Dakota, a Talpidae mole, woke up in his burrow in a grumpy mood. His home opened upon the steep slope of a pond mainly occupied by a padding of ducks. And today they seemed to be especially noisy.
“Good gracious,” he mumbled, holding his head. “All that racket, it’s enough to make a head swim.” His tummy gave a quiet burp, a reminder of the dandelion roots he had indulged in last night.
Moving over to his Victrola, he put on one of his favorite Molezart records to see if the soothing music wouldn’t help muffle the din coming from the pond. To his dismay, he discovered that the record had become worn, and its intermittent scratches were in perfect tempo to the quacking outside. Scratch. Quack. Scratch. Quack…
Just then his phone rang. Because the phone lines were silk threads installed and maintained by local grass spiders, they weren’t always dependable, especially in the morning when dew weighed heavily upon the sticky strands.
In such cases, when the lines bowed and hit the ground, it caused a static hiss on the connection making it difficult to hear who was on the other end. So, this morning, with Molezart and the ducks in the background, all Dakota heard was Hiss. Crackle. Scratch. Quack…”
Dakota’s tummy offered up another quiet burp. “Hallo? Who is this?” he asked into the staticky phone. Hiss. Crackle. Scratch. Quack… was the only response. “Good grief,” he muttered hanging up.
He then turned off his Victrola. His burrow seemed to throb with the incessant quacking of the ducks. He put on his sunglasses and stepped outside.
Shiloh, an especially sociable Mallard, swam up to him. “Good morning, Dakota,” she quacked.
“Must you?” Dakota said.
“Must I what?”
“Quack all the time, that’s what.” His words came out a little harsher than he intended, but he couldn’t very well call them back, nor was he in any real mood to do so anyway.
“Goodness, but that is what ducks do, you know. Quack.”
“Well then, why can’t you go and do it somewhere else. Some of us need a little peace and quiet.”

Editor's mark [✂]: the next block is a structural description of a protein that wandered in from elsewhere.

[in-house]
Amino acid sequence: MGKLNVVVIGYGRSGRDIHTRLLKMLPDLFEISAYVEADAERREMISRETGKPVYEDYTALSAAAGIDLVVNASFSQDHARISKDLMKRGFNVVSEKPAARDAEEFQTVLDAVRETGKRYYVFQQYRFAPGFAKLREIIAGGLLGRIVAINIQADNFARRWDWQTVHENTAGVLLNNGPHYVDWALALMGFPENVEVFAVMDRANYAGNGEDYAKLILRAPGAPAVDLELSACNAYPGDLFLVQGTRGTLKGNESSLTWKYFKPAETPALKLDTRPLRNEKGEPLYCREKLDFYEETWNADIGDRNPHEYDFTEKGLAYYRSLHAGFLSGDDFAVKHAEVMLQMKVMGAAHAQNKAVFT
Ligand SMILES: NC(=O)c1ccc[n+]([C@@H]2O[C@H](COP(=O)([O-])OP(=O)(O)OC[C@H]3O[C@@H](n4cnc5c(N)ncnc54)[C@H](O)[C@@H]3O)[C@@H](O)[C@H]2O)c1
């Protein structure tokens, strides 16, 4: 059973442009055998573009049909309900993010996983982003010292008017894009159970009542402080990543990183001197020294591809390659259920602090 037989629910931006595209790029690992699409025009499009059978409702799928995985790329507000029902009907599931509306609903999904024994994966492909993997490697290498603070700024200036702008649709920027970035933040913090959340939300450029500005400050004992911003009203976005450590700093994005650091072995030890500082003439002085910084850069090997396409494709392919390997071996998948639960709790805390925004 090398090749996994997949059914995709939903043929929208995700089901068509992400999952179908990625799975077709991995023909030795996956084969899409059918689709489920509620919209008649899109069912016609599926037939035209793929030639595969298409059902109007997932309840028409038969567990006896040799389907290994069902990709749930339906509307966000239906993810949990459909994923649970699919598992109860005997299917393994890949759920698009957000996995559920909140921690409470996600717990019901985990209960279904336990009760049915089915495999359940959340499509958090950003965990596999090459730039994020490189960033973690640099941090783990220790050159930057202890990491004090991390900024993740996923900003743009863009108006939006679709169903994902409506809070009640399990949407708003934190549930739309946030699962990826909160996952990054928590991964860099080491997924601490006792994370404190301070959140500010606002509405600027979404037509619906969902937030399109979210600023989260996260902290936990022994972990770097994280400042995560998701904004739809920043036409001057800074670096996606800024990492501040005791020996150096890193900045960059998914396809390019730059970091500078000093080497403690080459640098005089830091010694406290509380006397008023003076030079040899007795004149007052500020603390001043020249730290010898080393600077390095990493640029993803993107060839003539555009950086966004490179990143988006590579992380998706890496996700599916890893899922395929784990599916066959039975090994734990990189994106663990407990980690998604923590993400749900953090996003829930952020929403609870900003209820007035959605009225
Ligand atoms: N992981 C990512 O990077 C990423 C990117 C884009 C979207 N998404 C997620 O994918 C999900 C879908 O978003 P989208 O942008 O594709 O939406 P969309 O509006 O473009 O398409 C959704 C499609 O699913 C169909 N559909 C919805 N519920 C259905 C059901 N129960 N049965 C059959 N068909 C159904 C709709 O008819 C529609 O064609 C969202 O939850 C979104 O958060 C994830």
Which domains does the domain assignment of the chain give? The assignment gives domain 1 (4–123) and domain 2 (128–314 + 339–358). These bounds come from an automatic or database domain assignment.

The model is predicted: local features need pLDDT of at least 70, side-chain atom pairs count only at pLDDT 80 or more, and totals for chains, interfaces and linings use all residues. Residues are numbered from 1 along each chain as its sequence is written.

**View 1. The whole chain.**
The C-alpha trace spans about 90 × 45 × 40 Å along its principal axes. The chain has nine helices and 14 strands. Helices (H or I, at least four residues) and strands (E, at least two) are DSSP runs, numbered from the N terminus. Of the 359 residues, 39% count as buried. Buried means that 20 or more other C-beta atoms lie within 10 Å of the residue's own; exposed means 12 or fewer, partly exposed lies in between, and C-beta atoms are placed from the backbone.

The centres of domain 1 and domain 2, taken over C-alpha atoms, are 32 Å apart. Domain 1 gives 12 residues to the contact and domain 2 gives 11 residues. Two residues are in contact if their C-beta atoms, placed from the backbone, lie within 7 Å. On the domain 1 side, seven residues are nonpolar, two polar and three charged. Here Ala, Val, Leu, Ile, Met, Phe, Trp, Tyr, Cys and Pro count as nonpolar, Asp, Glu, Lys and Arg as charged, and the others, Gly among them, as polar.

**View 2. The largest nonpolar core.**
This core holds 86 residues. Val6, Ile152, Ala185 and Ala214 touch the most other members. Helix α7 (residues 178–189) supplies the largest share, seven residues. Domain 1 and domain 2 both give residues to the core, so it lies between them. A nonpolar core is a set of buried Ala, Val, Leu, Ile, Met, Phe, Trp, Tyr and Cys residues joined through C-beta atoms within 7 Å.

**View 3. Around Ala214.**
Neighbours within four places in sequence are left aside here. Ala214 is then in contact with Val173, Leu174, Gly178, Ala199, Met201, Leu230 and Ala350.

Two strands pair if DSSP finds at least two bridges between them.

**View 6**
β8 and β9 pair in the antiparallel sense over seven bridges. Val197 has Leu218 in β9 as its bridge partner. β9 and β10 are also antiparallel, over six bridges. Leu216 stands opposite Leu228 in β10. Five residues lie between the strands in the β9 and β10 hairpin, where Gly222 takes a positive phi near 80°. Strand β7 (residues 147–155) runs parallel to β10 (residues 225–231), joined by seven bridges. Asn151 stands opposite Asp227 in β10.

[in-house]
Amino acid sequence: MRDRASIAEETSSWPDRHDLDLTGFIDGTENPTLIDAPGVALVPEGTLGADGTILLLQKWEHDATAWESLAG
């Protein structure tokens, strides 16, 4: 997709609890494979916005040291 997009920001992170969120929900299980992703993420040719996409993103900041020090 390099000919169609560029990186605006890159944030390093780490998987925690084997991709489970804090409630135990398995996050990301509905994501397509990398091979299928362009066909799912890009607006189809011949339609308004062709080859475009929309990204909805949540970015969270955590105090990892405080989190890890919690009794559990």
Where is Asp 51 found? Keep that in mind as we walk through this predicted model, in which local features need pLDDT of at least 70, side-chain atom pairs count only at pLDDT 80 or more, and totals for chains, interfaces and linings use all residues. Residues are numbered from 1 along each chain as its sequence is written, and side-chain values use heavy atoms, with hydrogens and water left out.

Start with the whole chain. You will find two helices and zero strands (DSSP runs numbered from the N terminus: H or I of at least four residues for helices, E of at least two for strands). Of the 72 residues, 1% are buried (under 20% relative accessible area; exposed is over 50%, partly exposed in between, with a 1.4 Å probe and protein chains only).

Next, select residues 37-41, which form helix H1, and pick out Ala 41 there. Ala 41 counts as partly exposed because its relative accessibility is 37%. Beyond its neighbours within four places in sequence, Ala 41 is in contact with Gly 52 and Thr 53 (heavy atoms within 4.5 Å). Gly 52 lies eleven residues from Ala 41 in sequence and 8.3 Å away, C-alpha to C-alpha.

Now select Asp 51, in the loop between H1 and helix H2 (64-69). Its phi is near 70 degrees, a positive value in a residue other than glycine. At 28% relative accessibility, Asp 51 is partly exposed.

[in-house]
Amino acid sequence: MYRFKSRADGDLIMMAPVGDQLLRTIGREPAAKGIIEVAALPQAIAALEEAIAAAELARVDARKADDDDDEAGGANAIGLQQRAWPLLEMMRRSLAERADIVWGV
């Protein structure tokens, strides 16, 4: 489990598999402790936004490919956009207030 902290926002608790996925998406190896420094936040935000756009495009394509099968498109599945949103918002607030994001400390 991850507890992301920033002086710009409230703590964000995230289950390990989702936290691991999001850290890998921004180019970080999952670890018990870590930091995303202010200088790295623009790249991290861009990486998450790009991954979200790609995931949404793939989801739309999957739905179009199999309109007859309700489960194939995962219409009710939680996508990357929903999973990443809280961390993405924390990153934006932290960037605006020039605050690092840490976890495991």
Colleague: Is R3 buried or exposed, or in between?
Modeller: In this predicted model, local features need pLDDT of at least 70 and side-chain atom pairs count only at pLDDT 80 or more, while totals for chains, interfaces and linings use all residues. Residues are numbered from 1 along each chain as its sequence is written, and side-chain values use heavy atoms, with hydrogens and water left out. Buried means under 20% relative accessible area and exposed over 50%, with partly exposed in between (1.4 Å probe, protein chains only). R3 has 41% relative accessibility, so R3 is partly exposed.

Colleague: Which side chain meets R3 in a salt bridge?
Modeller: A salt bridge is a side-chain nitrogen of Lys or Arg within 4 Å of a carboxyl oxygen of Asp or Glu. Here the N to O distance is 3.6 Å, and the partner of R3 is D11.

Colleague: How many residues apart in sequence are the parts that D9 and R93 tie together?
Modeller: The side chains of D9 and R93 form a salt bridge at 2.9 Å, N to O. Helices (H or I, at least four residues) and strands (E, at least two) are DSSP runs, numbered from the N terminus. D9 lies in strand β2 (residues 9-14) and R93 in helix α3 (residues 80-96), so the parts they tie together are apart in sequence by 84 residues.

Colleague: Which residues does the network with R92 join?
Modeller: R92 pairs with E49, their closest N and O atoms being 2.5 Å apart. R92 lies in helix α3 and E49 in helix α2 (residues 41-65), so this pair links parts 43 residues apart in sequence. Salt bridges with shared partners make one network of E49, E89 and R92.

“My, my, aren’t we in a foul mood today.” She quacked a grin. “No pun intended, foul, fowl, you know.”
“That’s not funny and you needn’t have quacked to say it.”
“Sorry,” she quacked, probably a little louder than necessary.
“Please.” He put his paws over his ears causing his sunglasses to slip down his nose to expose his bleary eyes.
She eyed him suspiciously, her voice turning haughty. “My mother warned me about dandelion roots…”
Perturbed and not wanting to listen, Dakota turned and moved back into his burrow.
The phone rang again, mixing with the noise outside. Ring. Quack. Ring. Quack… It was a better connection this time, especially without the Molezart scratch. Hiss. Crackle. Quack. Hiss. Crackle. Quack…”
“Hallo?” he said. A gaggle of giggling quacks greeted his ears before the line disconnected. “That is not funny, “he said into the phone.
Then, he got an idea. He ran back to the edge of the pond and called out to Shiloh. “I’ve got the most wonderful idea. I’m going to host a pond party and you and all of your friends are invited.
“Oh my yes, we do love parties. Is there anything we can bring?”
“Not at all. I have a secret recipe I’ve been wanting to share. Just have everyone here at supper and enjoy.”
Not wasting a moment, Dakota tunneled his way to a meadow east of the pond that stood in a full yellow glory of dandelion blooms.
A few hours later, Dakota had a large pot of dandelion stew bubbling away on the stove.
Just before supper, after the balloons and streamers had all been placed, and the “secret recipe” cooled in stoneware bowls, he had a twinge of conscience. But it was only for a moment as he remembered Shiloh’s haughty look and the sound of the anonymous giggling gaggle of quacks over the phone.
The party was a squawking success, lasting well into the night. “Everyone loves your secret recipe,” Shiloh hiccuped to Dakota. “You must share it with me.”
And he would, the next morning; but only after first rolling his Victrola to the pond's bank and playing his favorite John Phillips Sousa marches to wake the sleeping padding of ducks.
“Quiet!” someone, sounding a lot like Shiloh, shouted.
Dakota smiled, shutting the door to his burrow, welcoming the peace inside.
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